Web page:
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Redeeming Love Movie Review: There’s No Redeeming The Message In This Film

I love a good historical romance novel. A nice period drama speaks my love language. The California gold rush-set Redeeming Love, however, left me feeling nothing but cold.

The novel on which the film is based somehow missed my ’90s bookshelf – probably due to my preference for European-set tales. Regardless of my lack of interest, however, Francine Rivers’ novel sold millions of copies. The story follows Michael Hosea (Tom Lewis), a young farmer who prays for a wife, and Angel (Abigail Cowen), a prostitute with a backstory so tragic it makes Romeo and Juliet feel like a fun, romantic romp.

Michael sees Angel walk through town and becomes convinced that she is the woman for him. Angel, however, tells him to get lost. Again. And again. And again. She runs away. Trouble finds her. Michael just patiently waits, trusting that he heard God correctly, and that Angel is meant for him.

The film serves up Michael as a faithful, forgiving hero while ignoring the disturbing fact that he completely refuses to listen to Angel. He has decided she is meant to be his wife, and he will not take no for an answer. Michael is a creep, boarding on a stalker. He is not a hero.

Angel, on the other hand, suffers unspeakable tragedy after tragedy and remains detached and stoic throughout. She is a victim who has somehow managed to survive, yet we are meant to see her as someone who needs forgiveness. We do not see her resiliency praised. We see her means of endurance as character flaws that need redemption.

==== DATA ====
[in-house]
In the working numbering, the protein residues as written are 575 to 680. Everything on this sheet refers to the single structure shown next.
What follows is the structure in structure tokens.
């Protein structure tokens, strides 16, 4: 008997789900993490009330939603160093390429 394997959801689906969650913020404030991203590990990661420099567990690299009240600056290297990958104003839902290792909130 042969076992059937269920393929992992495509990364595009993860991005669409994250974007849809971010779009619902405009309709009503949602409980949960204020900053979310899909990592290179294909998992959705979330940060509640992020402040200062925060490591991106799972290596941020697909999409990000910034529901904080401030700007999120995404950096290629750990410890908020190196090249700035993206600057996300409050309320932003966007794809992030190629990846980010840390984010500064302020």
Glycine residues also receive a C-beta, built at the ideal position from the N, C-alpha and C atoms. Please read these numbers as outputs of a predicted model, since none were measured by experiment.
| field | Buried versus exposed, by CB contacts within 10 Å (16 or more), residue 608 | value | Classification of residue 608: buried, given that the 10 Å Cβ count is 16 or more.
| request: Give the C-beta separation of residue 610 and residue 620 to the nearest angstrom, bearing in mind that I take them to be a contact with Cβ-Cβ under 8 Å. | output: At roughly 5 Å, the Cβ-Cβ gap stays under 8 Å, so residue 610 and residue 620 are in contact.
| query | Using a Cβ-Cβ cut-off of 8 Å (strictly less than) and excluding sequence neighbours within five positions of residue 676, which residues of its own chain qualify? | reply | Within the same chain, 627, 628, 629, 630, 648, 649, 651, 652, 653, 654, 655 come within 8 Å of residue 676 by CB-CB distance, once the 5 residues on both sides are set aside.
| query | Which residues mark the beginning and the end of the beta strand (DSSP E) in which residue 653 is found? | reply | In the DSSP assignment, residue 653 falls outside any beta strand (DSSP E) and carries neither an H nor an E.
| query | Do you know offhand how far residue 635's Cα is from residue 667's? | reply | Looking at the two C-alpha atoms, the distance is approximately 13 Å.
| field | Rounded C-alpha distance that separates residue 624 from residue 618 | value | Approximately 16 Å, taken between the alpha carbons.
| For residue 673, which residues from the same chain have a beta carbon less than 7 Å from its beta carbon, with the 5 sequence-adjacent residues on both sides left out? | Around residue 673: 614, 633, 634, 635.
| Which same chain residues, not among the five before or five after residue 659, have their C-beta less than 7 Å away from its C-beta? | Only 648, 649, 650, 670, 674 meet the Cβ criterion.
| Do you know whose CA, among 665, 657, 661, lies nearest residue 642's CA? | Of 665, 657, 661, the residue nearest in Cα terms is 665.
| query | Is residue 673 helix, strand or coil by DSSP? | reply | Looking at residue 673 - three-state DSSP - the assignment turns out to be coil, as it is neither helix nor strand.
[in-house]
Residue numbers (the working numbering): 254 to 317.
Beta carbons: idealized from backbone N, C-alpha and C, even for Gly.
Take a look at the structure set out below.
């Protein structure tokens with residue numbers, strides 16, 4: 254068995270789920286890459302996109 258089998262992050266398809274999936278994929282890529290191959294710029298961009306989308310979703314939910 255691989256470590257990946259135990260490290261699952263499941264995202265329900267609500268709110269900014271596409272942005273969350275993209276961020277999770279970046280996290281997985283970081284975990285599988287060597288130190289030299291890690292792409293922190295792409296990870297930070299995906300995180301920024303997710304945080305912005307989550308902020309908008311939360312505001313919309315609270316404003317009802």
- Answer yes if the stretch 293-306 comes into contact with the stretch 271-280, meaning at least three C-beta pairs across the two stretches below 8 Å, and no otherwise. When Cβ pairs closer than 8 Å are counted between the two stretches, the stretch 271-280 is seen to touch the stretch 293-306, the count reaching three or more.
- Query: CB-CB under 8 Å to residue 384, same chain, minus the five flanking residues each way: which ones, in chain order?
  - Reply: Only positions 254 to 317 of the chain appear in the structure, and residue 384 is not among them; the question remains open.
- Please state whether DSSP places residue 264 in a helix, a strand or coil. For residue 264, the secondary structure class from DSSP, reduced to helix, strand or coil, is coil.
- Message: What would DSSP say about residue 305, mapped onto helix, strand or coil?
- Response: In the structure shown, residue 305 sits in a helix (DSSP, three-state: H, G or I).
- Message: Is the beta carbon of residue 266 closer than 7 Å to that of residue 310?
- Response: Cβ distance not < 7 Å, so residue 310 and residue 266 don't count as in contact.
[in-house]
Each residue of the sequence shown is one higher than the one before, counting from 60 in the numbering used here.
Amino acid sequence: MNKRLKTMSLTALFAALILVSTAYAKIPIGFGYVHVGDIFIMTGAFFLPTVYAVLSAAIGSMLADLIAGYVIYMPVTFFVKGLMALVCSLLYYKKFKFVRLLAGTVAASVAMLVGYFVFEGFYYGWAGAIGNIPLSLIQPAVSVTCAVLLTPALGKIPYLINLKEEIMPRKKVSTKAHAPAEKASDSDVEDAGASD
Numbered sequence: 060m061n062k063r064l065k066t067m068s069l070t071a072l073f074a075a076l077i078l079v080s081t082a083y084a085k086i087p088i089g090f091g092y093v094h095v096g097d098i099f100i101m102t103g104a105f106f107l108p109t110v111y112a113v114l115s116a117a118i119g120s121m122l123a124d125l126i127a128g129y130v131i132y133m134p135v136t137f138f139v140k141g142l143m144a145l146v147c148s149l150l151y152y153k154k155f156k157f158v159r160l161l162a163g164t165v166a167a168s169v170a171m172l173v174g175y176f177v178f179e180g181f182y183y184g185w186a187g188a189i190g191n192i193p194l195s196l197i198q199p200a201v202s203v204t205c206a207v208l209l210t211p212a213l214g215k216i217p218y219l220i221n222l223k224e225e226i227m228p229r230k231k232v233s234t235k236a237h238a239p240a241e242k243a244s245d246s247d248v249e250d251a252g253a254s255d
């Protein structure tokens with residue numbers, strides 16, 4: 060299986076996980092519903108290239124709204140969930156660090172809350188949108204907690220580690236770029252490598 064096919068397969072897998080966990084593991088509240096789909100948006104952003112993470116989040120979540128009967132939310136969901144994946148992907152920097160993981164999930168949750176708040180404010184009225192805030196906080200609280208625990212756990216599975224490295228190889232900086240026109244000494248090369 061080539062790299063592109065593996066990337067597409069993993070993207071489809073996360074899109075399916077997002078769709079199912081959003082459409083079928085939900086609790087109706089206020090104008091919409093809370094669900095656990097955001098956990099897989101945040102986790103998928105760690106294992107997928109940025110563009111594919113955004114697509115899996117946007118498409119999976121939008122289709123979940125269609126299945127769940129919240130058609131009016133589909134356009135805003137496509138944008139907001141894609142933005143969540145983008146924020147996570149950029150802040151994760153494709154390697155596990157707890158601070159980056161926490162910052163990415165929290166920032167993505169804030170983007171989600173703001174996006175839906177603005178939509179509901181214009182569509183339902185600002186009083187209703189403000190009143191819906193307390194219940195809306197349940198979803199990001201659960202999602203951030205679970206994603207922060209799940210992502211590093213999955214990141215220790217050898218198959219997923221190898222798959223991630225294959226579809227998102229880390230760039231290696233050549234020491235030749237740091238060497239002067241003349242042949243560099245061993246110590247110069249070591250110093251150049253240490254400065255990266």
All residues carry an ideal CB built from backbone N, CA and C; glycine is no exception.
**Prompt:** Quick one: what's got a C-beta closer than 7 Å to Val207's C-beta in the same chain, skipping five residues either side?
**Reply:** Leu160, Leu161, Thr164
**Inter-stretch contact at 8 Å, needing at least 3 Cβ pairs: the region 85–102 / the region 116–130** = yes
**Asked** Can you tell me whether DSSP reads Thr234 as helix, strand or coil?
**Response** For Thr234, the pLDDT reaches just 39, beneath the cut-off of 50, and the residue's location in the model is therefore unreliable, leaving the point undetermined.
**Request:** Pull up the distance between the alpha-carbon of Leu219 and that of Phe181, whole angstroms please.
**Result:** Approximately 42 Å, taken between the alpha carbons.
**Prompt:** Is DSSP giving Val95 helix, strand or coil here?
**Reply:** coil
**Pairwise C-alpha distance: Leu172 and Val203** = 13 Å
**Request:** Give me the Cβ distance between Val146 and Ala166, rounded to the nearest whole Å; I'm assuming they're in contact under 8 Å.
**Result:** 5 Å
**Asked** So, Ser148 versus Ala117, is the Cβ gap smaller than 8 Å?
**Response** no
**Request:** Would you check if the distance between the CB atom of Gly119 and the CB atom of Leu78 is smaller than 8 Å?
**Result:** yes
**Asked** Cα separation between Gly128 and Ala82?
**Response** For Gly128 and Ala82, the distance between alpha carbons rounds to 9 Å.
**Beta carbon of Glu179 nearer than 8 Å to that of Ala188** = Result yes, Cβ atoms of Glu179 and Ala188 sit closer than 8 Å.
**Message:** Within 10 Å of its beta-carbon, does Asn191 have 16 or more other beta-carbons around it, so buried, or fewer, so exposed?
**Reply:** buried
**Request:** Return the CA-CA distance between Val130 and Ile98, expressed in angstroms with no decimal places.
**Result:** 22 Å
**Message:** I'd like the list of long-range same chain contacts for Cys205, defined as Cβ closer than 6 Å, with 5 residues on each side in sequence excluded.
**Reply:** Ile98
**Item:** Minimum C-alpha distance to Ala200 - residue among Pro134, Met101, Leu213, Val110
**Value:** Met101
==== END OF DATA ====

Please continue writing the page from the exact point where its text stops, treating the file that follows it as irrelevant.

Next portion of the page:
Rivers executive produced and co-wrote the screenplay alongside director D.J. Caruso. I am not sure how much blame goes to Caruso, who is clearly more comfortable with action and thriller genres, but the script is over-packed with details from the novel. Those scenes that did not serve the story could have been scrapped. Instead, they remain and leave the movie without any build-up of chemistry between the two leads.

This film has extremely dark themes, including violence, rape, pedophilia, and incest. It does not approach those scenes in a gratuitous way, but potential viewers deserve a warning. They are not the easiest to watch.

Redeeming Love is not completely irredeemable. The sets and costumes are gorgeous. The acting – lack of chemistry between the leads aside – was adequate. I was invested enough in the story to care about the ending. I needed to see the bad guys get theirs. I had to see Angel find a happy ending. I just wanted her happy ending to arrive with significantly less judging, and perhaps with a guy who would actually listen to her.

Redeeming Love is in theaters on January 21, 2022.

About Redeeming Love

Rating: PG-13 (Partial Nudity|Mature Thematic Content|Sexual Content|Strong Violent Content)
Runtime: 2h 2m

Based on the bestselling novel by Francine Rivers, REDEEMING LOVE is a
powerful story of relentless love and perseverance as a young couple’s relationship clashes with the harsh realities of the California Gold Rush of 1850. It is a life-changing story of the power of unconditional and all-consuming love. Coming to theaters in 2022, REDEEMING LOVE shows there is no brokenness that love can’t heal.

As The Bunny Hops®